Of course, the logistic curve is a way of using math to describe trends, and trends can change. Will the decline in global oil production be as slow and smooth as the mathematically generated curves on these experts’ charts? This depends in part on whether countries dramatically reduce their use of fossil fuels to prevent catastrophic climate change. If the world is serious about limiting global warming, policies such as carbon taxes can make the downside of the curve steeper. Keeping most of the remaining oil in the ground would be a necessary and complex task, which could not be accomplished under a business-as-usual growth economy. We will need energy for the energy transition (solar panels, wind turbines, batteries, heat pumps, electric cars, public transportation, etc.) and most of that energy, at least in the early stages of the transition, will have to come from fossil fuels. If oil, the most important of these fuels, is supply-constrained, that adds complexity to managing investments and policies to minimize economic distress while pursuing long-range climate goals.

As a side issue, the authors note (as do others) that the IPCC’s business-as-usual projections of future carbon emissions are unrealistic. We don’t have enough fossil fuels economically to make the worst-case scenario a reality. However, even assuming a significant reduction in reserves (and thus projected emissions), burning all the oil we have will far exceed emissions targets to avoid climate catastrophe.

One factor potentially limiting future oil production that is not discussed in the new paper is related to debt. Many observers of the fracking frenzy of the past 15 years have noted that the industry’s ability to ramp up oil production depends on low interest rates, which enable companies to produce oil now and pay the bills later. Now central banks are raising interest rates in an effort to fight inflation, largely a result of higher oil and gas prices. But rising interest rates will only discourage oil companies from drilling. This could potentially trigger a self-reinforcing feedback loop of disrupted production, rising electricity prices, higher interest rates and debt defaults, which would likely culminate in a major economic crash. So, instead of a soft power descent, we get what Ugo Bardi called the “Seneca Cliff”.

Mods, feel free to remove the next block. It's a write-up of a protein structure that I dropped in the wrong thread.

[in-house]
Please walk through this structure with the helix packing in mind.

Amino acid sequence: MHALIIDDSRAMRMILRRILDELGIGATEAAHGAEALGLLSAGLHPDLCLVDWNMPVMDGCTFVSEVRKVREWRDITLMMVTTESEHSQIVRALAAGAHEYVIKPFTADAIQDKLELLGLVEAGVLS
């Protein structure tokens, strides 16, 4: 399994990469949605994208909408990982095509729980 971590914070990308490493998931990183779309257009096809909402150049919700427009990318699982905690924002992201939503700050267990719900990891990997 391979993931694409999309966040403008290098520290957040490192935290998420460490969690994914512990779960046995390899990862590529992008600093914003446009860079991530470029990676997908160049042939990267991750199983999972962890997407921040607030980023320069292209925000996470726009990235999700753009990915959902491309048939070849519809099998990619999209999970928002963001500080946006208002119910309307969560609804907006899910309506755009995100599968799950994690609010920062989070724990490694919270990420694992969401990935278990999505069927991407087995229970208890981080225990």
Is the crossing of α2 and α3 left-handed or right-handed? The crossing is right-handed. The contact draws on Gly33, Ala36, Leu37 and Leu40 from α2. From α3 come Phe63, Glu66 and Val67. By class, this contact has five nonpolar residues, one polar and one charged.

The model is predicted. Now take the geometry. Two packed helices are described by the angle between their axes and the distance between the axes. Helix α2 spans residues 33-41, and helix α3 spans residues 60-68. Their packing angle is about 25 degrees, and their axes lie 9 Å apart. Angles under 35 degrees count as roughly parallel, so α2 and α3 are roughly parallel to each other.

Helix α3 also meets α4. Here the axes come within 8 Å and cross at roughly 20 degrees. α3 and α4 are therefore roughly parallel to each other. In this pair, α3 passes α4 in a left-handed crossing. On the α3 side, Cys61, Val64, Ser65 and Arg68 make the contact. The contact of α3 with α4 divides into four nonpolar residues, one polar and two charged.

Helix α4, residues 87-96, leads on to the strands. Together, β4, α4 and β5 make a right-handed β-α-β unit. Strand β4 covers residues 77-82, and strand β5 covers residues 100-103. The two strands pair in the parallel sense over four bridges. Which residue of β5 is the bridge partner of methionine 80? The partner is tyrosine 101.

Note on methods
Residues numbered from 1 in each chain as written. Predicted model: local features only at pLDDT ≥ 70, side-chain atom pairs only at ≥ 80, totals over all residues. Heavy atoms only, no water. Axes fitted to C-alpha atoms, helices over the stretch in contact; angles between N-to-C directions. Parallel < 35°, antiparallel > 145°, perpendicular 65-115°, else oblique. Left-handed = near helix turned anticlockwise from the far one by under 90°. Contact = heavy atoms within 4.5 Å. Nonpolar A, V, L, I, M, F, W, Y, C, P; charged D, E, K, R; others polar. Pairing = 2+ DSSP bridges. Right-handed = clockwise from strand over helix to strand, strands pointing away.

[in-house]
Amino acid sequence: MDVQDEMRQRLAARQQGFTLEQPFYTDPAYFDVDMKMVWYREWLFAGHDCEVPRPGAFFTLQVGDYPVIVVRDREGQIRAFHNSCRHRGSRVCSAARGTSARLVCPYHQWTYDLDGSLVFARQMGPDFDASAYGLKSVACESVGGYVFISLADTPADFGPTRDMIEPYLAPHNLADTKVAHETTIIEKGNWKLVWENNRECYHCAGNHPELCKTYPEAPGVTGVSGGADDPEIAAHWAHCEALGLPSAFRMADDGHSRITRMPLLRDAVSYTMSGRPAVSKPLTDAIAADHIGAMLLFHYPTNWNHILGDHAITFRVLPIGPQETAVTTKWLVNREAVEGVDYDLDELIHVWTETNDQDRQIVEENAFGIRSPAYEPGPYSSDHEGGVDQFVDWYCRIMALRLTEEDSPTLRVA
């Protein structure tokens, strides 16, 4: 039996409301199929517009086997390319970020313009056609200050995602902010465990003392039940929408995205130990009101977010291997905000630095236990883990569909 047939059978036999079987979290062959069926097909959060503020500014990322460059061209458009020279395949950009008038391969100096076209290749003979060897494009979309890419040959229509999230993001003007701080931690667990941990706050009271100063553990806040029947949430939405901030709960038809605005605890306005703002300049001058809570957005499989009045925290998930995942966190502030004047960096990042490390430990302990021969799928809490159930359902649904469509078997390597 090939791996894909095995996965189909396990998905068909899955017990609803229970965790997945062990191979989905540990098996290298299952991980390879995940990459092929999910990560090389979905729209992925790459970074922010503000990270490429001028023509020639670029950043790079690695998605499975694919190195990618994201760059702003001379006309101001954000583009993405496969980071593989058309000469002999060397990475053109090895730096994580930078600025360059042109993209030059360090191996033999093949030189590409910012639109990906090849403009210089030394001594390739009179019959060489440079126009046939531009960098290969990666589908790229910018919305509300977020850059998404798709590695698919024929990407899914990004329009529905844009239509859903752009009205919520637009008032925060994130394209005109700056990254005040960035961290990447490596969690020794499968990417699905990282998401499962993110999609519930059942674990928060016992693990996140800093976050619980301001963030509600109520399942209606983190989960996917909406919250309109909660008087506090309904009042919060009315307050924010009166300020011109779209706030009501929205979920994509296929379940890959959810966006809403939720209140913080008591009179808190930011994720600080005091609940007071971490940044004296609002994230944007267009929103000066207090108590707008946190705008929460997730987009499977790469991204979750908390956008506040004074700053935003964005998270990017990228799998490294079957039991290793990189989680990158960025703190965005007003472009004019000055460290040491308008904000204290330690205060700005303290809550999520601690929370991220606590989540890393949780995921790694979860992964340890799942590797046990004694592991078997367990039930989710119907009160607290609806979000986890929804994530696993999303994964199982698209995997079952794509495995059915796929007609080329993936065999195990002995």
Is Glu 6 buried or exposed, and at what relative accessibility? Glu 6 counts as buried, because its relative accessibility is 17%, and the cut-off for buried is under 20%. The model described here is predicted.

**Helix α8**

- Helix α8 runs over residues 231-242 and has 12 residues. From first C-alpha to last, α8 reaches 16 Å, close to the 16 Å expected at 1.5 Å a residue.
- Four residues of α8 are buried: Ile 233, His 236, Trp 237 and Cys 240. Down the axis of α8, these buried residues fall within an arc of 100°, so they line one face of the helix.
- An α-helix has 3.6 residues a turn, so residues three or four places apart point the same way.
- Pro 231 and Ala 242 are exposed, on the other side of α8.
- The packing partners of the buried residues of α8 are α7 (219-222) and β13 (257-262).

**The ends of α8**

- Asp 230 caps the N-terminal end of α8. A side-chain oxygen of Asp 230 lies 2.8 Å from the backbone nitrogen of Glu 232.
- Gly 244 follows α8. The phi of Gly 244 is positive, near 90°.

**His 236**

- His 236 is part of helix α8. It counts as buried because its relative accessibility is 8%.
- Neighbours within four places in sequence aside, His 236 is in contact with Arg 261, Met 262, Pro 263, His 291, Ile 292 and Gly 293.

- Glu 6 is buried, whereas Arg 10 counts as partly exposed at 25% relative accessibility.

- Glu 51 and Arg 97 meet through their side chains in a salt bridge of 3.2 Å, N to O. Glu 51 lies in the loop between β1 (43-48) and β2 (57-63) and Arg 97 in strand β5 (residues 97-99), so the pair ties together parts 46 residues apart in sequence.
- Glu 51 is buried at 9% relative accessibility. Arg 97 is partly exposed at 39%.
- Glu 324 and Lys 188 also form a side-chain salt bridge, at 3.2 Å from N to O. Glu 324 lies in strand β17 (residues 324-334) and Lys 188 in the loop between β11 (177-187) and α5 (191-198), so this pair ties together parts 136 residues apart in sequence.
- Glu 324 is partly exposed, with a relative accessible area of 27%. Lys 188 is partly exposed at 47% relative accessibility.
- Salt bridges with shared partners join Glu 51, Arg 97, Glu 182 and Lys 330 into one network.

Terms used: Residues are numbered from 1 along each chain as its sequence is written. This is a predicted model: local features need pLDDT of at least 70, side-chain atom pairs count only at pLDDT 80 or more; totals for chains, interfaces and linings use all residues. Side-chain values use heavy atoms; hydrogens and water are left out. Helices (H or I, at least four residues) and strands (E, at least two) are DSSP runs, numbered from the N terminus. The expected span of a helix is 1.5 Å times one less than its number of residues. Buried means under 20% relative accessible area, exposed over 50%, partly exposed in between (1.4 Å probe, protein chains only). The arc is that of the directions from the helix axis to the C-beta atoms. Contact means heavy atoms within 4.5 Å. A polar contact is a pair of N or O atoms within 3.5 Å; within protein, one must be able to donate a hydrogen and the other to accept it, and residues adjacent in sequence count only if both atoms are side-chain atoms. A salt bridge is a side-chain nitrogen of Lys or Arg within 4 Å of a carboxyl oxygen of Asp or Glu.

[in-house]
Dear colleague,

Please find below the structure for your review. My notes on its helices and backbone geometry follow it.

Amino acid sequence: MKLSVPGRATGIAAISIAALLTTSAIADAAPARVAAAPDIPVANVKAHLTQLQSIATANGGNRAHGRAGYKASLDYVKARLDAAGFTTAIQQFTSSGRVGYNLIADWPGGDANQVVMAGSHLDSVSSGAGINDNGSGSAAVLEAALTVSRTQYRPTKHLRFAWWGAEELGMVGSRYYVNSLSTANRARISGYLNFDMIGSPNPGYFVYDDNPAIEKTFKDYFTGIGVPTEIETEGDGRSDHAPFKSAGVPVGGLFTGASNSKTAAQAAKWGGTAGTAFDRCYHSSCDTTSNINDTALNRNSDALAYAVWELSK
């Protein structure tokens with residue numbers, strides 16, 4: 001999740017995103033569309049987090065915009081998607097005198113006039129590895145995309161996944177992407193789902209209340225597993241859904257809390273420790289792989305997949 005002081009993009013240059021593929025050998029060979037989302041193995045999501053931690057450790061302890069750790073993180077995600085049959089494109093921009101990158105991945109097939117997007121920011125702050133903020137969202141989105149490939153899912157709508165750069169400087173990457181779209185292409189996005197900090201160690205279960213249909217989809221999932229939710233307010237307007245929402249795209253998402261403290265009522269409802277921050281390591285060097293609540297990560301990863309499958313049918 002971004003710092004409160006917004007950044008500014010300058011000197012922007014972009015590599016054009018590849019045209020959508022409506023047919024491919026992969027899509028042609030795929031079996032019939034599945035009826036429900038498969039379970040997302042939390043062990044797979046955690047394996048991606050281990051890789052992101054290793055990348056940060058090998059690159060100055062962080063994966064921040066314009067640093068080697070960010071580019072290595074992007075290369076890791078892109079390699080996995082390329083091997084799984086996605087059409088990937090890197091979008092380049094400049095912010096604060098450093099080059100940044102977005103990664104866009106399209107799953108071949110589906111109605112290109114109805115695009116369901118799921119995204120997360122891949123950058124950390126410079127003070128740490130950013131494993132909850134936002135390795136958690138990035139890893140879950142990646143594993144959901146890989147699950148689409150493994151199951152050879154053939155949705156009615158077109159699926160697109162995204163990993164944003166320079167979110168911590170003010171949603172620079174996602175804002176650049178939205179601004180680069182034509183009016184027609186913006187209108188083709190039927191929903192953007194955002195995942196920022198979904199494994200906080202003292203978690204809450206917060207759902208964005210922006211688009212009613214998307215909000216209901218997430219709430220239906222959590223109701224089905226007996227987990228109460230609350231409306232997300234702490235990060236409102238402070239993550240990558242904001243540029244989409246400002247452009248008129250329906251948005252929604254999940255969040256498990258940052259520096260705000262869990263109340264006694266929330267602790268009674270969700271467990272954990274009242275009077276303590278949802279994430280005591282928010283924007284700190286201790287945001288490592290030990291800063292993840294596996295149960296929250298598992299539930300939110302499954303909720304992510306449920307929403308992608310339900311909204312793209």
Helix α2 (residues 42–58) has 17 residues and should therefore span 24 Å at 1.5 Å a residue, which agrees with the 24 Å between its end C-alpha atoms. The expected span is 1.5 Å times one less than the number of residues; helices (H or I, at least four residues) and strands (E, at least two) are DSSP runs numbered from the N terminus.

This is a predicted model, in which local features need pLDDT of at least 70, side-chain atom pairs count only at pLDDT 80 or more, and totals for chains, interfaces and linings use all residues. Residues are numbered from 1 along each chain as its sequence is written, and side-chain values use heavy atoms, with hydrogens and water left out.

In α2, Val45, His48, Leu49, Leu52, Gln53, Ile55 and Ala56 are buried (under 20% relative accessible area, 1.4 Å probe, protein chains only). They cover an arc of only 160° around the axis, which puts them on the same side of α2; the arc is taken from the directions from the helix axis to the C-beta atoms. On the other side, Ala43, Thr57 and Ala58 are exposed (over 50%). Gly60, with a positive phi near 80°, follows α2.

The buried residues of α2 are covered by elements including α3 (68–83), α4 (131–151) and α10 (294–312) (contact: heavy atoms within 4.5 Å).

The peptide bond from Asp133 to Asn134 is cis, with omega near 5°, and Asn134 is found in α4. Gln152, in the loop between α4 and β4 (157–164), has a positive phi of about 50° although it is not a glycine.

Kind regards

So far, we are only seeing crude and natural gas shortages, high energy prices, broken supply chains and political unrest. Energy challenges are now top of mind for policymakers and the public in a way we haven’t seen since peak oil got some attention in 2008, when oil prices hit a record $147 a barrel. But now we run the risk of losing underlying, irreversible supply constraints, given the other, more immediate supply and price shocks the world is facing—such as the pandemic, the war in Ukraine, and the lingering effects of embargoes on Russian oil. and gas, and tougher demands for returns from domestic investors.

It will take more than another botched revolution to save the situation from escalating further, which has bought us an extra decade of business as usual. At this time, we have to start adapting to the limitations of nature. It means giving up sharing, cooperation and belt tightening. It means reckoning with our definitions of prosperity and progress, and getting down to the task of reshaping an economy that has become accustomed (and all too comfortable) with fossil-fueled growth.

Teaser photo credit: Active Permian Basin pumpjack east of Andrews, TX. By Zorin09 – Own work, CC BY 3.0,